BUDAPEST, Oct 19 (Reuters) - House prices in Budapest have surged about 50 percent in the past two years, warranting a close monitoring of the housing market, the National Bank of Hungary said on Wednesday.
The central bank said in its new report on the housing market that an improvement in households’ finances and low interest rates would continue to support demand for housing, and prices were expected to rise further, albeit at a slightly slower rate.
Record low interest rates and an increase in services such as Airbnb are feeding a housing frenzy elsewhere in Central Europe as well, such as in the Czech Republic, where the central bank has also raised concerns.
Between the first quarter of 2014 and the first quarter of 2016 the Budapest house price index jumped more than 50 percent, while the index for cities in the countryside rose 20 percent.
Many Hungarians have invested in apartments in Budapest to rent them out, as they can earn higher returns than on other types of investments.
“Looking at the national average, the appreciation of house prices is not considered to be excessive,” Gergely Fabian, a director of the central bank, told a news conference.
“However, trends especially in the capital city should be followed closely ... as the dynamics (of price growth) was extremely strong in the past two years,” he added. Fabian said looking at housing prices in real terms, they were still not higher than the level between 2002 and 2007, but the surge in prices warranted caution.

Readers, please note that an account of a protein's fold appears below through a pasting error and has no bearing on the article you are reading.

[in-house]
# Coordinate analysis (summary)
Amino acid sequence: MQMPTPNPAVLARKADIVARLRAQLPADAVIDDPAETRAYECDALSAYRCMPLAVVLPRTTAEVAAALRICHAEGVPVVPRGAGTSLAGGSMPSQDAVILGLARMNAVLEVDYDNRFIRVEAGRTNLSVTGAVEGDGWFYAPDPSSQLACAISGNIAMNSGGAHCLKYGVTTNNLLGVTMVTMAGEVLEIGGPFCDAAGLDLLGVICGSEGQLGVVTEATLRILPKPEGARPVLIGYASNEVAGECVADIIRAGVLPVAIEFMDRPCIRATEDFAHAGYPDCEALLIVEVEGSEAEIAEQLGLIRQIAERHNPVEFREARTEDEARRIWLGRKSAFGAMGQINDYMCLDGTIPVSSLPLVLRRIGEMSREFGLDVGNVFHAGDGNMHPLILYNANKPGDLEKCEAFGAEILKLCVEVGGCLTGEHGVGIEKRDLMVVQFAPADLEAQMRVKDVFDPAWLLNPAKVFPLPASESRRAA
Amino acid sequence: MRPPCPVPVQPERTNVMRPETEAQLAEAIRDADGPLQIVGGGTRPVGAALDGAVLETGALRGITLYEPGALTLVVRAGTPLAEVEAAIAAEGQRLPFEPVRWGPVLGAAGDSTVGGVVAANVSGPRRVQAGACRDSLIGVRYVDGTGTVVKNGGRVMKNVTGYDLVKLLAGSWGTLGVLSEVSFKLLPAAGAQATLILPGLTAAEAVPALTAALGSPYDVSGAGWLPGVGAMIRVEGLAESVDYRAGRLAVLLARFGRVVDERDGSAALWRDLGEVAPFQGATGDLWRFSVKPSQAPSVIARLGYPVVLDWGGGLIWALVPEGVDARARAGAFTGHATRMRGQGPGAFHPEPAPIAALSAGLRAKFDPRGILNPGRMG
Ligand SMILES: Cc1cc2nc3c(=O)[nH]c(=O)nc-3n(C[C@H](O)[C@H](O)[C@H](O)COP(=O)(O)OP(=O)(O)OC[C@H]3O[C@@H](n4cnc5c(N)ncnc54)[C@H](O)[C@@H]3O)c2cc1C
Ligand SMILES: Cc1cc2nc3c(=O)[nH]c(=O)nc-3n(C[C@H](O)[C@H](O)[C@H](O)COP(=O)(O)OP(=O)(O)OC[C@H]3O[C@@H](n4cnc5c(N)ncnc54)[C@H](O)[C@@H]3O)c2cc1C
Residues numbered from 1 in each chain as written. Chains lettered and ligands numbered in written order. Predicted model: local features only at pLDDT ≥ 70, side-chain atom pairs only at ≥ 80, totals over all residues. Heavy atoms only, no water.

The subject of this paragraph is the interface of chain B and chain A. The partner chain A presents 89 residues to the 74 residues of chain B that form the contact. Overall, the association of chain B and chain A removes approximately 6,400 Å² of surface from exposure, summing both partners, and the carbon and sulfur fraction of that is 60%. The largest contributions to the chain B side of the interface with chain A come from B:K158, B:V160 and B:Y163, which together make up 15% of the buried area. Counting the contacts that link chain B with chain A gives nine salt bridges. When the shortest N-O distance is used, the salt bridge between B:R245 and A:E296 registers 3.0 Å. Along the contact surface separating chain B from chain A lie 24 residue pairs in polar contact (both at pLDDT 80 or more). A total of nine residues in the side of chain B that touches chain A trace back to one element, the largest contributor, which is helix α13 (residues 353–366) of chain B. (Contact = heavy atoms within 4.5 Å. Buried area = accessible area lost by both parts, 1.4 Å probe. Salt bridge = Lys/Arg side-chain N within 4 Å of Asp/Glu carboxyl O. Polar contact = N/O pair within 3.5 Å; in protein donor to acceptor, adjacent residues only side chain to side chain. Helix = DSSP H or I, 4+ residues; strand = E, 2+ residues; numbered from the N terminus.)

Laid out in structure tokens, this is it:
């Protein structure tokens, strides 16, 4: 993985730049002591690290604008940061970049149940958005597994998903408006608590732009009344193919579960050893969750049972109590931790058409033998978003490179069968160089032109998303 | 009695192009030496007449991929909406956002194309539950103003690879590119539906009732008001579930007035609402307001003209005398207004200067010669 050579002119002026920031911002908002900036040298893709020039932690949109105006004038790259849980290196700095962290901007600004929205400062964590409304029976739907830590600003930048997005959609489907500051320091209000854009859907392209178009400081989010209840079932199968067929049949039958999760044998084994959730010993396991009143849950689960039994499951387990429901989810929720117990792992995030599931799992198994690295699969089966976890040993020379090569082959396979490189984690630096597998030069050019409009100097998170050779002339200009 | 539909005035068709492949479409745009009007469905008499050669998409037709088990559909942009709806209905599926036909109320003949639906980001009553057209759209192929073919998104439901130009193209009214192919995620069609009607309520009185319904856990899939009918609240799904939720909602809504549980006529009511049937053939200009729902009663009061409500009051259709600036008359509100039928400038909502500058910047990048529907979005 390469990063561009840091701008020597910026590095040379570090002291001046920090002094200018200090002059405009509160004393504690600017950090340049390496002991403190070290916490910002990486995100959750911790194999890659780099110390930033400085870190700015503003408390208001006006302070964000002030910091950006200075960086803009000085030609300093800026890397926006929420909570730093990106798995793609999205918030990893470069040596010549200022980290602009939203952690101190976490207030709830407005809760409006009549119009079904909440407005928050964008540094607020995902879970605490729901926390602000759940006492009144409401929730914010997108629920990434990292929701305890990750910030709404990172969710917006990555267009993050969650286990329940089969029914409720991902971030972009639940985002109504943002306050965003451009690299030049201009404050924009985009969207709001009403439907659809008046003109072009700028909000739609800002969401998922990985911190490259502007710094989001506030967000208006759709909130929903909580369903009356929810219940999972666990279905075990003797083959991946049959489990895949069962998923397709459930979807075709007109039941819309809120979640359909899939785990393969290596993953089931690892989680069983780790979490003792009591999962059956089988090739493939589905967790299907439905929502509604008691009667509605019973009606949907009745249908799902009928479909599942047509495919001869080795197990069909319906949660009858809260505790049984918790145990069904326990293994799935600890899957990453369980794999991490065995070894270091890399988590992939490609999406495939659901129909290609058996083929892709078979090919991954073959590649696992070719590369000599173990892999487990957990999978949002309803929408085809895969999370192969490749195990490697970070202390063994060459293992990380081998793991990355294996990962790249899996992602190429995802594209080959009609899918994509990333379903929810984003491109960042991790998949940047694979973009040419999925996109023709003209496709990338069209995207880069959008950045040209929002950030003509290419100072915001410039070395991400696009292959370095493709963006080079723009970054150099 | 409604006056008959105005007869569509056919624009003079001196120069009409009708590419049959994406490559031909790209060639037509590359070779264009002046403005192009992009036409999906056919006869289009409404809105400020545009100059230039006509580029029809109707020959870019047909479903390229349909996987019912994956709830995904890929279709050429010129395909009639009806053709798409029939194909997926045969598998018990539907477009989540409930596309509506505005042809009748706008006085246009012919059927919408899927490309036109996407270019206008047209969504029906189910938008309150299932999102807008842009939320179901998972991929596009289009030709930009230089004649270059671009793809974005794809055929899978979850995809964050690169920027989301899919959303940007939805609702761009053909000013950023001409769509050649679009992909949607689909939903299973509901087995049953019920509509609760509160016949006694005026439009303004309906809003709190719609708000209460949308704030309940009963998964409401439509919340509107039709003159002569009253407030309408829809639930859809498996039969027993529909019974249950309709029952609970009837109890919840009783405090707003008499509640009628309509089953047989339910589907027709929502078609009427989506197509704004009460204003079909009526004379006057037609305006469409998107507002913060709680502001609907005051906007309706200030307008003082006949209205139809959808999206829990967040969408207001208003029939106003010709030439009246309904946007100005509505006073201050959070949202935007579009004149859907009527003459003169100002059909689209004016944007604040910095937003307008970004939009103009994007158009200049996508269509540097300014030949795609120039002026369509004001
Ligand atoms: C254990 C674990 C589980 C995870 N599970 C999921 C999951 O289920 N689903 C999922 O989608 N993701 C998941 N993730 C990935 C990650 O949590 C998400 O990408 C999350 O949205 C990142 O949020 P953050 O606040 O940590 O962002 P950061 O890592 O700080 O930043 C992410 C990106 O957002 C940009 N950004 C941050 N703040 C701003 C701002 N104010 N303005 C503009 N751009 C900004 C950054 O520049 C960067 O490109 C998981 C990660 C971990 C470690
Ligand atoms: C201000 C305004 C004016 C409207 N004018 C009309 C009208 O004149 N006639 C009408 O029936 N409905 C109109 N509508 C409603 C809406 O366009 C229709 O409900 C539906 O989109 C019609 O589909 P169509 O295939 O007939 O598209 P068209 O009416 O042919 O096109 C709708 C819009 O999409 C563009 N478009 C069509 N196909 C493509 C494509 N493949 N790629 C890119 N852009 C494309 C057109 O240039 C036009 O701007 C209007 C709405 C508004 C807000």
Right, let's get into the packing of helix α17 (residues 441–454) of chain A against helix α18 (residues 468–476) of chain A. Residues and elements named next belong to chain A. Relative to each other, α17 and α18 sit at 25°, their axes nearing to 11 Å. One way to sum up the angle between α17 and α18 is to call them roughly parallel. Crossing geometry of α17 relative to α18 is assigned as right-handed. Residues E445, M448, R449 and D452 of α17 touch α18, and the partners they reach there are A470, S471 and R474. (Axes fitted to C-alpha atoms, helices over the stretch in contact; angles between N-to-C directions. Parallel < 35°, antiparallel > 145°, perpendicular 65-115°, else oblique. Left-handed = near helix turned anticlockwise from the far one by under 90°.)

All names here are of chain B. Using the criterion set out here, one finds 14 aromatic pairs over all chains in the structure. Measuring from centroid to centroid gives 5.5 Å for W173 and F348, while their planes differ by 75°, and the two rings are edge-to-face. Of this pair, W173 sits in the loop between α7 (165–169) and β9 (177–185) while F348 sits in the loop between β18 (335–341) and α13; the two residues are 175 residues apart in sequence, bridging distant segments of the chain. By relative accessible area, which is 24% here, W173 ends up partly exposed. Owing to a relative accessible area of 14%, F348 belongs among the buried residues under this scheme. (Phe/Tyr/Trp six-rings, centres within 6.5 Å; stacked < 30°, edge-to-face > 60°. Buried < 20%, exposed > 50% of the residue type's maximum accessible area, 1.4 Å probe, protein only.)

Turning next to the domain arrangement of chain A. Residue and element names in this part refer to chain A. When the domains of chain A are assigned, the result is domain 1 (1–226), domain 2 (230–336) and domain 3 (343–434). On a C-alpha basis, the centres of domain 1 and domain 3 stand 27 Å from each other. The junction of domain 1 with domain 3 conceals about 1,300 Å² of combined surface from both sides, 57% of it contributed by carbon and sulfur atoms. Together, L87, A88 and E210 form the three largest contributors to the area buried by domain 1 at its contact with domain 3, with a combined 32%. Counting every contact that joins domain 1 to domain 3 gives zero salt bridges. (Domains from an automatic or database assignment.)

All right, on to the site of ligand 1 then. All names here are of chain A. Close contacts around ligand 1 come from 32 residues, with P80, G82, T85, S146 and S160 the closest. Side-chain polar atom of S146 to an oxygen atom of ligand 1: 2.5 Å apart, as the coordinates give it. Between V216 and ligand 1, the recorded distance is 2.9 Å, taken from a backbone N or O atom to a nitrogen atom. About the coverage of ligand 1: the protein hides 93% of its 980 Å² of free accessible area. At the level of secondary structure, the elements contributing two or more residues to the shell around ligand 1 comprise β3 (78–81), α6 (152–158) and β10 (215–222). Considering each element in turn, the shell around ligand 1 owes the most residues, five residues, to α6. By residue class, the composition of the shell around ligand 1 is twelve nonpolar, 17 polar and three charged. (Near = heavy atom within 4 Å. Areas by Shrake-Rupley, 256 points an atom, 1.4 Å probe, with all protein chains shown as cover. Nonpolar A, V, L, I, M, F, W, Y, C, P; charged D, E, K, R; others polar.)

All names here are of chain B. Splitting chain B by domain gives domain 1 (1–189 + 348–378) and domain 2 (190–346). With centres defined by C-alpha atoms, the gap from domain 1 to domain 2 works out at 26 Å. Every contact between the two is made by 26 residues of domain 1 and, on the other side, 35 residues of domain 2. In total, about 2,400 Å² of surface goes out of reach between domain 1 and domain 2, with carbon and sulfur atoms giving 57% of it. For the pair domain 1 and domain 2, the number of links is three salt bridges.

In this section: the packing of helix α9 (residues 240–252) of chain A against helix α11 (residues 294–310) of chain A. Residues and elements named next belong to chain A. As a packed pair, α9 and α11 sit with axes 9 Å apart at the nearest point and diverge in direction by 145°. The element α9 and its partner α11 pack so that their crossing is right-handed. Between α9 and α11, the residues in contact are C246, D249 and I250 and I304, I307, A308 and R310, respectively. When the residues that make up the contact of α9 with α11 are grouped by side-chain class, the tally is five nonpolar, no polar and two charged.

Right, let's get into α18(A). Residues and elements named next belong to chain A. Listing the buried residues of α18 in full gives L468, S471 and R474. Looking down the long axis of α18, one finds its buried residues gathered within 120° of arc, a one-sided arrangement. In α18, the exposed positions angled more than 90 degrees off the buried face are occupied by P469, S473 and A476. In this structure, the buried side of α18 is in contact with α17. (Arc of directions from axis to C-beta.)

As prices surge, households could be forced to take out much bigger loans to buy a home, and this could trigger a negative spiral, he said.
“On the surface we do not see problems as yet, but risks can build up very quickly in the real estate market,” he said.
The central bank’s national house price index, which the bank launched on Wednesday and will publish every quarter, showed a 3.8 percent rise in the first quarter alone.
The bank said it projected a 9 percent increase in nominal housing prices in the third quarter in year-on-year terms.
“In the first half of 2016, the housing market recovery was coupled with a significant credit expansion, and the volume of newly granted loans rose by 47 percent in year on year terms,” it said. The bank said the volume of new housing loans should not be considered excessive at this point. (Reporting by Krisztina Than; Editing by Alison Williams)